making sense of “marketing-speak”

posted by

Bill Hogan
senior copywriter / vision

a new generation of consumers has emerged from childhood slumber. Gen Z has arrived. word is they’re savvier, even more discerning than their millennial predecessors. and rumor has it they’re impervious, if not utterly deterred by marketing-speak. because of this, a swarming confluence of panic, urgency and paranoia has reverberated throughout the agency world. how do we connect with these fledgling consumers?

indeed, we’re in the midst of The Great Marketing-speak Scare. but what exactly defines marketing-speak for the Gen Z audience? it’s so loosely defined and subjectively interpreted you could argue almost any style of branded content uses marketing-speak in one way or another.

as a copywriter, I’ve ruminated over the subject, worrying the slightest turn of phrase could be construed as the dreaded m-word. I’ve experimented with brick-to-forehead wording and plainspoken tone so deprived of personality, it’s read as if it were seeping from the mouth of someone who can only be described as milquetoast. but hey, at least it sounded like it was coming from a person, not a company or corporation. and that’s precisely the direction you’re given: write like a human. I wasn’t aware there was any other way to write.

this is nothing new. millennials have been courted by conversational tones for years now. the difference, however, is that Gen Z has an eye for hackneyed phraseology and over-romanticized messaging, and no patience for either. if it doesn’t feel real, they dismiss it and move on. if it reads as if it were plucked out of a Pat Conroy novel, they move on to the next piece of content. the latter pains me to my core because most copywriters treat our jobs as platforms for personal creative expression. but then I think back to the time I was told, “you’re not an artist, you’re a problem-solver”. I’m not a novelist either.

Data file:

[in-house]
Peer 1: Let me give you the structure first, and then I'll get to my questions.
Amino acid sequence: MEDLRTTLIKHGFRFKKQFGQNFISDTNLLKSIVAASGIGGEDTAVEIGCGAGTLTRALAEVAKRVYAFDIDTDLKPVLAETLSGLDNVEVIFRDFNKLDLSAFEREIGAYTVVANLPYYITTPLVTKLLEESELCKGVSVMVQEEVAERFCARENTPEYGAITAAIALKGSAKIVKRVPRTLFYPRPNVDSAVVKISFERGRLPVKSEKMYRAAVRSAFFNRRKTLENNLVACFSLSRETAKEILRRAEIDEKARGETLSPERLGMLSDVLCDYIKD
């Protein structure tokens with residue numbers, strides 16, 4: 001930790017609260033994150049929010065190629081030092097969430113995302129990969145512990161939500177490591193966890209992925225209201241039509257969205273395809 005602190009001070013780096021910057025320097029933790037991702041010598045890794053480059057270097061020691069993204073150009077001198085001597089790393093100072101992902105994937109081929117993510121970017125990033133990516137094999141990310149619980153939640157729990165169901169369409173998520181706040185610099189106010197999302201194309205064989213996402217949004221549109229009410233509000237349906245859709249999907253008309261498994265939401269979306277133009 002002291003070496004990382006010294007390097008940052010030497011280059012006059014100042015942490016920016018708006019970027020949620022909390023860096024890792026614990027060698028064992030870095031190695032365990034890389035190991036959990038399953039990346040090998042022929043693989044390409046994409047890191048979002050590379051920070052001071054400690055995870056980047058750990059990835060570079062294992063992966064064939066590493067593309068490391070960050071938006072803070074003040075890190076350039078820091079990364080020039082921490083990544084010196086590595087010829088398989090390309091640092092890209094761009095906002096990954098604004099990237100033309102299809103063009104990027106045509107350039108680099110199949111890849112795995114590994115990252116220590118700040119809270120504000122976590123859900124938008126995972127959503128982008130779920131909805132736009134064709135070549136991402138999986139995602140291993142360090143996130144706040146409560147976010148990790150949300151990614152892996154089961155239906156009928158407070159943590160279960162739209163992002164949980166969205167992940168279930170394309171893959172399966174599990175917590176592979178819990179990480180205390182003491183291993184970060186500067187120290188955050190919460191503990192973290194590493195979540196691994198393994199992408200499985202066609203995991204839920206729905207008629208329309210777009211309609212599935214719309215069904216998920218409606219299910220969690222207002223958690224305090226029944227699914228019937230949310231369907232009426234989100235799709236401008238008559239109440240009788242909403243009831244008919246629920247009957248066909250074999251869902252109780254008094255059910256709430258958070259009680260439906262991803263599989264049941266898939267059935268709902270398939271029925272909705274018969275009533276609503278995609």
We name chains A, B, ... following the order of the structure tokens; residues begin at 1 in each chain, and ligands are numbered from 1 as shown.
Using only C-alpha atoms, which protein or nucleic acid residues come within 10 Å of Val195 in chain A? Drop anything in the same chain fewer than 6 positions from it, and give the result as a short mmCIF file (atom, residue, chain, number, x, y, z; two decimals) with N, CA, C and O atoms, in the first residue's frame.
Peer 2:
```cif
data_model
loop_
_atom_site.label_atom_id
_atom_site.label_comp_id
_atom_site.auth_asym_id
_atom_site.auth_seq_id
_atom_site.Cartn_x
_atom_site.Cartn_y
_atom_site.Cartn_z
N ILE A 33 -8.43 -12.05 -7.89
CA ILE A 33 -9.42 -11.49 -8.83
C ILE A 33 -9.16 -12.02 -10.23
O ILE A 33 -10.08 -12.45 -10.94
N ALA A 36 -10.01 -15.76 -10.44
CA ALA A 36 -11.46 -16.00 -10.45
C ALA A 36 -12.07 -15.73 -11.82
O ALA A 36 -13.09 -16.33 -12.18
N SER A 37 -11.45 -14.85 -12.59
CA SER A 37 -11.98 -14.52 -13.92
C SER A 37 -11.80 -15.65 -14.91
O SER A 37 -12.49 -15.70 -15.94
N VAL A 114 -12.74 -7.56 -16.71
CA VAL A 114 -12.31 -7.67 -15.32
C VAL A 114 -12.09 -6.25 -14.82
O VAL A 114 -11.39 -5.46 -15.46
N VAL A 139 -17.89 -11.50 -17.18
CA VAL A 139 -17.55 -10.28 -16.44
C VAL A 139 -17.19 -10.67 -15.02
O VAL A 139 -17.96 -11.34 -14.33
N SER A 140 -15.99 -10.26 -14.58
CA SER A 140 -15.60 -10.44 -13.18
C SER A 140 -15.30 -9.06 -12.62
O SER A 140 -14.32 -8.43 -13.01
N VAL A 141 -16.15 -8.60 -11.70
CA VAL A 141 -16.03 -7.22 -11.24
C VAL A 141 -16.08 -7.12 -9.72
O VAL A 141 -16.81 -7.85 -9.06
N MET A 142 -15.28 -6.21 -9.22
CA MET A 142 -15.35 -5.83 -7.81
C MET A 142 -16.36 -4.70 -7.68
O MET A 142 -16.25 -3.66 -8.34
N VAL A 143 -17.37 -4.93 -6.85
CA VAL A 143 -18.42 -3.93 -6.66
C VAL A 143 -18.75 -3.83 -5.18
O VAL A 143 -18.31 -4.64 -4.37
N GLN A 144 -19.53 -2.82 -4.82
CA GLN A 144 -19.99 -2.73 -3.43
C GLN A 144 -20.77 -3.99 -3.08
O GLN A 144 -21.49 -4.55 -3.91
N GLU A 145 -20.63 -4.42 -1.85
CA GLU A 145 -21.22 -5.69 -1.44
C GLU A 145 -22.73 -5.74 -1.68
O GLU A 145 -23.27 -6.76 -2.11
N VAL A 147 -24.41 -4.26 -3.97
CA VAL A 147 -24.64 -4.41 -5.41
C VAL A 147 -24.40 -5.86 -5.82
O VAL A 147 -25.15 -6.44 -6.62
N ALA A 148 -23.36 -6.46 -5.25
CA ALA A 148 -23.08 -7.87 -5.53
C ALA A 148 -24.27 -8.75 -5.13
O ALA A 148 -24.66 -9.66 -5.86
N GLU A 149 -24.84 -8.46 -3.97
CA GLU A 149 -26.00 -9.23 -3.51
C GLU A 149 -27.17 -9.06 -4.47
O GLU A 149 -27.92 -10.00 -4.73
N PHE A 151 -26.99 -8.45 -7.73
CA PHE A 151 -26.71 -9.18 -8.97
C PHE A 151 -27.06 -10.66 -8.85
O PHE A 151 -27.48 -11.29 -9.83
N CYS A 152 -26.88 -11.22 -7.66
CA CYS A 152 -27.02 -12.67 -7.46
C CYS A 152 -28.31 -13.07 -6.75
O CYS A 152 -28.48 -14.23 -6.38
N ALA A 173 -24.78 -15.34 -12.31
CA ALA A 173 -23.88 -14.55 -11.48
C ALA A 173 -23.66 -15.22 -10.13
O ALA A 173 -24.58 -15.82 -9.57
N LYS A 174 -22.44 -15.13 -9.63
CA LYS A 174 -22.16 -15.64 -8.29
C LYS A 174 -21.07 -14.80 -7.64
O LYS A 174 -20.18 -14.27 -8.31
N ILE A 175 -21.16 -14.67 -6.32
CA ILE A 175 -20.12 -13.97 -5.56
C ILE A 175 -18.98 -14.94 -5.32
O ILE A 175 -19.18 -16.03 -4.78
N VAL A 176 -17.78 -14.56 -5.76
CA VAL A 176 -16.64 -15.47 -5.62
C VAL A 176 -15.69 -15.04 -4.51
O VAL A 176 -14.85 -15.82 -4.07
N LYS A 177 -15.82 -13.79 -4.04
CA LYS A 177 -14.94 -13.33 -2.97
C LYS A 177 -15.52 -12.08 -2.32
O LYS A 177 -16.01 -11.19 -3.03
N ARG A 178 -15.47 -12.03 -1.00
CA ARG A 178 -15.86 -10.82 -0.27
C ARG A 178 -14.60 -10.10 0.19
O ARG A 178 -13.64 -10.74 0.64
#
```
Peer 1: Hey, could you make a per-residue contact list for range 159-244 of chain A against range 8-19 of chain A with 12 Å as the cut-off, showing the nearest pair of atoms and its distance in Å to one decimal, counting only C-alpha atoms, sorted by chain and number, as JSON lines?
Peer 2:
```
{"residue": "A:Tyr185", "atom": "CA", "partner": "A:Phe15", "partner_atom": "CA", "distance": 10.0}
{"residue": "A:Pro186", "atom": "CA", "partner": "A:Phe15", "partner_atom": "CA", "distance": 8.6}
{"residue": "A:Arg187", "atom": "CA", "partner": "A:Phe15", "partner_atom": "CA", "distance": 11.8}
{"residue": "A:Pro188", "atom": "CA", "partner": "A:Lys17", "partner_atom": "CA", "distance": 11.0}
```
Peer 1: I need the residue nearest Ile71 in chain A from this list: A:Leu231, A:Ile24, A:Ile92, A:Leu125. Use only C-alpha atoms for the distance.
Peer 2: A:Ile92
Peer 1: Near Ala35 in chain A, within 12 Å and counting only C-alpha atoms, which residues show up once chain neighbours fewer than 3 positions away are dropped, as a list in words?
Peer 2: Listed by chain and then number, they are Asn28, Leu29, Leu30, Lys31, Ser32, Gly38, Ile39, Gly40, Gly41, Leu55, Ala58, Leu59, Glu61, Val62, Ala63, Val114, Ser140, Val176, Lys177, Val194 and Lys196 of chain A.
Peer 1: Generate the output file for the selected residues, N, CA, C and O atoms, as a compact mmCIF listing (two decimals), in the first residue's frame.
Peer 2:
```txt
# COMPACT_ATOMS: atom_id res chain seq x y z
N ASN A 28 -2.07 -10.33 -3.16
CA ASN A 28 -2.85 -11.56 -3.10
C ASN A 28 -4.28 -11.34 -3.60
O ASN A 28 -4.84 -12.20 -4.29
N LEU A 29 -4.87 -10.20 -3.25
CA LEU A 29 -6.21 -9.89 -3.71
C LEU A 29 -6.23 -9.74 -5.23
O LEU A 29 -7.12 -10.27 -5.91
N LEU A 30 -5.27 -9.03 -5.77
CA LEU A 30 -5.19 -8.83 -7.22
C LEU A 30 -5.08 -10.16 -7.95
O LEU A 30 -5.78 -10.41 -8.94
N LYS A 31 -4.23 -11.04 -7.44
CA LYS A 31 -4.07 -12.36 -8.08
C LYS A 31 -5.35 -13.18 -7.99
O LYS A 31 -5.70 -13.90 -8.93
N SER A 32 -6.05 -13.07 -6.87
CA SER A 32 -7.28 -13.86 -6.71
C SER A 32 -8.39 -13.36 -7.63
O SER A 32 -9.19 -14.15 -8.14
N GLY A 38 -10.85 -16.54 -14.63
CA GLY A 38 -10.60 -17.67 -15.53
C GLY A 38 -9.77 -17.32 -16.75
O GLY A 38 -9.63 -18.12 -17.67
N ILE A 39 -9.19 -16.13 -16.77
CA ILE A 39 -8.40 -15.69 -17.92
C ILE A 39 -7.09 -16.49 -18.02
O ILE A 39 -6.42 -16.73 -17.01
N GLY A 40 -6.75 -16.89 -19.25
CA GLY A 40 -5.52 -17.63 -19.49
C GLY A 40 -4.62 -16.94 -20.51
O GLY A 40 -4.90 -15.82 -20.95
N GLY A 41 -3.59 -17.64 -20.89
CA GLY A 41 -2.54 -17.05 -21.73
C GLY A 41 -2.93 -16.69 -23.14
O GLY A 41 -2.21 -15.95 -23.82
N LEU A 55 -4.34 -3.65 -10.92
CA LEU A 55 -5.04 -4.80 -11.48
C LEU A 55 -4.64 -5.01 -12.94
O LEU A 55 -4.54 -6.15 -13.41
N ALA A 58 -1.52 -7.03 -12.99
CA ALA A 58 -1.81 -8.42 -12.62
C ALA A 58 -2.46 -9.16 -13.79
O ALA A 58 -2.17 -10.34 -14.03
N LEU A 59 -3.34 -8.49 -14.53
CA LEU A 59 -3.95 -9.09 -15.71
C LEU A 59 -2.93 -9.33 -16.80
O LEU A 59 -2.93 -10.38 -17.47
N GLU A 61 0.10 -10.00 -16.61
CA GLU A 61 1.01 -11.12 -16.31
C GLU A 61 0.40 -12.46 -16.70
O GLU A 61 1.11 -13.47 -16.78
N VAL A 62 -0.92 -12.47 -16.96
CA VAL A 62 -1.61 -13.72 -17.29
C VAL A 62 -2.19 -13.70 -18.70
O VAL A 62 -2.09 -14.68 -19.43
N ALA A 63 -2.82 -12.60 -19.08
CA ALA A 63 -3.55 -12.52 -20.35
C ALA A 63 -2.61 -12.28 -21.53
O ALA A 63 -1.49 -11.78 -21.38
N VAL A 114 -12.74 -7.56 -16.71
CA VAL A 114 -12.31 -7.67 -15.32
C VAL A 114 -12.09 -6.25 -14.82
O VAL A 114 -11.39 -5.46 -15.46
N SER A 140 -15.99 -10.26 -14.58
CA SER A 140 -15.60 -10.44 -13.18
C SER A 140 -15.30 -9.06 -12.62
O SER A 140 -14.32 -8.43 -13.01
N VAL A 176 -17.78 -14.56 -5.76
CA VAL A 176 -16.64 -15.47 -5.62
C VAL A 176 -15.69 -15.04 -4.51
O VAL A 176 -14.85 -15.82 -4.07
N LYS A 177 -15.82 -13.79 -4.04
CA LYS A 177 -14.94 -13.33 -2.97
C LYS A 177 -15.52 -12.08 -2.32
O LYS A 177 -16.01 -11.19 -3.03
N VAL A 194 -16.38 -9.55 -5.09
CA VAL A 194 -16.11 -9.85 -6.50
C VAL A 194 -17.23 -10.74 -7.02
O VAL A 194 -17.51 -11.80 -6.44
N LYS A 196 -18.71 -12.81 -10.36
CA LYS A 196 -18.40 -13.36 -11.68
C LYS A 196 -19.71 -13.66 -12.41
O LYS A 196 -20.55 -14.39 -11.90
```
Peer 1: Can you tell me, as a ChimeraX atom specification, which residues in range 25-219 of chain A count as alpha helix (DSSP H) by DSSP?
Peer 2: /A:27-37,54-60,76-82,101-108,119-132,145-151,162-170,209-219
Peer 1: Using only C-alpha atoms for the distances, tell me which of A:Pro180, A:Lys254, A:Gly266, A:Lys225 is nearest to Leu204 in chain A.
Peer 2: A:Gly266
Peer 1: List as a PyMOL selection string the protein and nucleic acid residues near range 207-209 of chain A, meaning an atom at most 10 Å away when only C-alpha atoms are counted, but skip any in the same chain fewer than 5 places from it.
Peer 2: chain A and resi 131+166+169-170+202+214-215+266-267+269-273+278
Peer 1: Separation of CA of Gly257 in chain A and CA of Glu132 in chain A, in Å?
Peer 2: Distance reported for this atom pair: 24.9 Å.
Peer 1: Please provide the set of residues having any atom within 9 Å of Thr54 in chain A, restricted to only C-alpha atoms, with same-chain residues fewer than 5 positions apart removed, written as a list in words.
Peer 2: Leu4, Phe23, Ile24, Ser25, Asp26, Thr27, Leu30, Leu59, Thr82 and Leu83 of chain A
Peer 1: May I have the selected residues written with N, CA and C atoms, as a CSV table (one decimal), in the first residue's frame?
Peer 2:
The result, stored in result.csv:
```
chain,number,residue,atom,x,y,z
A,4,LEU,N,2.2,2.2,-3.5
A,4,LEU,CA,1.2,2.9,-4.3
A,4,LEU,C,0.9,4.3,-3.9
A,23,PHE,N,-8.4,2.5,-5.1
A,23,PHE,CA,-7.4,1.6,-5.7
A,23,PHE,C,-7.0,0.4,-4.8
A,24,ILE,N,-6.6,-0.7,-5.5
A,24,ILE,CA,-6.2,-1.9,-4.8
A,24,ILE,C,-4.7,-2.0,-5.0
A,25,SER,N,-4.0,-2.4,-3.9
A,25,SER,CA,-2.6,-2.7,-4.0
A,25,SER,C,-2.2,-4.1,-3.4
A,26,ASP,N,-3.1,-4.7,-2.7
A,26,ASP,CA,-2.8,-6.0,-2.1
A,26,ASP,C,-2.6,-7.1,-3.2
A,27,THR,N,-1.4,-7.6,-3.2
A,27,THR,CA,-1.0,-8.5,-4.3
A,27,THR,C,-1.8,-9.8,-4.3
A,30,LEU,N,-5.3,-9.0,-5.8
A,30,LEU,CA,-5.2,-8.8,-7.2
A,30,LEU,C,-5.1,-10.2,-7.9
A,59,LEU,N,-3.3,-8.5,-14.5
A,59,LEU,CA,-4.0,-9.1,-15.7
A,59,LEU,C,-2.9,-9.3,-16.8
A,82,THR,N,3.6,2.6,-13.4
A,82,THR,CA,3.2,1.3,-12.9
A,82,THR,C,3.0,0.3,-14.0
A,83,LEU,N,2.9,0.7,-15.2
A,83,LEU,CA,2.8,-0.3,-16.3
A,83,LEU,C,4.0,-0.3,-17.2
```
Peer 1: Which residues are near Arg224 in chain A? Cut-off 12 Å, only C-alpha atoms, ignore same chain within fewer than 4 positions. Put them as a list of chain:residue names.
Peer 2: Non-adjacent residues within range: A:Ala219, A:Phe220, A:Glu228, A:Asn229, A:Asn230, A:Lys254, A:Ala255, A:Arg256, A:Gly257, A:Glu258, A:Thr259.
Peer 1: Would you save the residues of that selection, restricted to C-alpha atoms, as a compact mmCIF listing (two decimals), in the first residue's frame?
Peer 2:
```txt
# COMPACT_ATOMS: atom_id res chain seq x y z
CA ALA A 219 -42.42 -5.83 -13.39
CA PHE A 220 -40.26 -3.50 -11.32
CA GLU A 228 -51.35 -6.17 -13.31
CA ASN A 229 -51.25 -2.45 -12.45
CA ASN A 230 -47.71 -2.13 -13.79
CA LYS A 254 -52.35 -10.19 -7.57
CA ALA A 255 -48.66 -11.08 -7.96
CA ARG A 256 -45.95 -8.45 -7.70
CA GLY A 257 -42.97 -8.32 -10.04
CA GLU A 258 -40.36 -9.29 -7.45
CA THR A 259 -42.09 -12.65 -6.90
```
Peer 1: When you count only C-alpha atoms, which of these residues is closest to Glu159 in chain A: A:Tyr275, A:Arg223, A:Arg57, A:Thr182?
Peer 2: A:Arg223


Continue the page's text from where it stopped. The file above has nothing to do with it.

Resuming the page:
none of this is as scary as its being made to seem. Gen Z has simply identified the copycat nature among brands. in addition, they don’t want to have to dredge through our prose, no matter how eloquent they may be. copywriters everywhere can let out a collective sigh of relief because Gen Z still embraces good copywriting. they just have a preference for more direct, casual writing. they look for language that feels true to the brand and different from others. no B.S. nothing overwrought. think plainspoken tone with a creative wrinkle or two. there’s still desire for a smooth play on words, a clever wink and nod, and a little alliteration here and there. they still want branded content to be copywritten.

perhaps, The Great Marketing-speak Scare isn’t a scare at all. no, it’s an awakening. the way this fundamentally tech-savvy generation behaves—how they learn, discover and socialize with brands—offers us boundless opportunities for meaningful connection. their ubiquitous presence (and impatience) underpins the importance of pithy, distinct and consistent communication throughout countless touchpoints.

with their critical eyes ceaselessly scanning (and scrolling), Gen Z demands more from us. no more reaching for low-hanging fruit. no more recycling words and phrases. they’re pushing us to speak on behalf of a brand as if it’s an individual talking to a group of individuals, and to be able to do it all day, every day. they’re challenging us to be the brand or writer that establishes that next great buzzword or disruptive verbiage to echo in their nascent consumer souls, and to create what others mimic.

this is all to say, thank you Gen Z. thank you for forcing us to keep honing our craft. we’ll all be better because of you.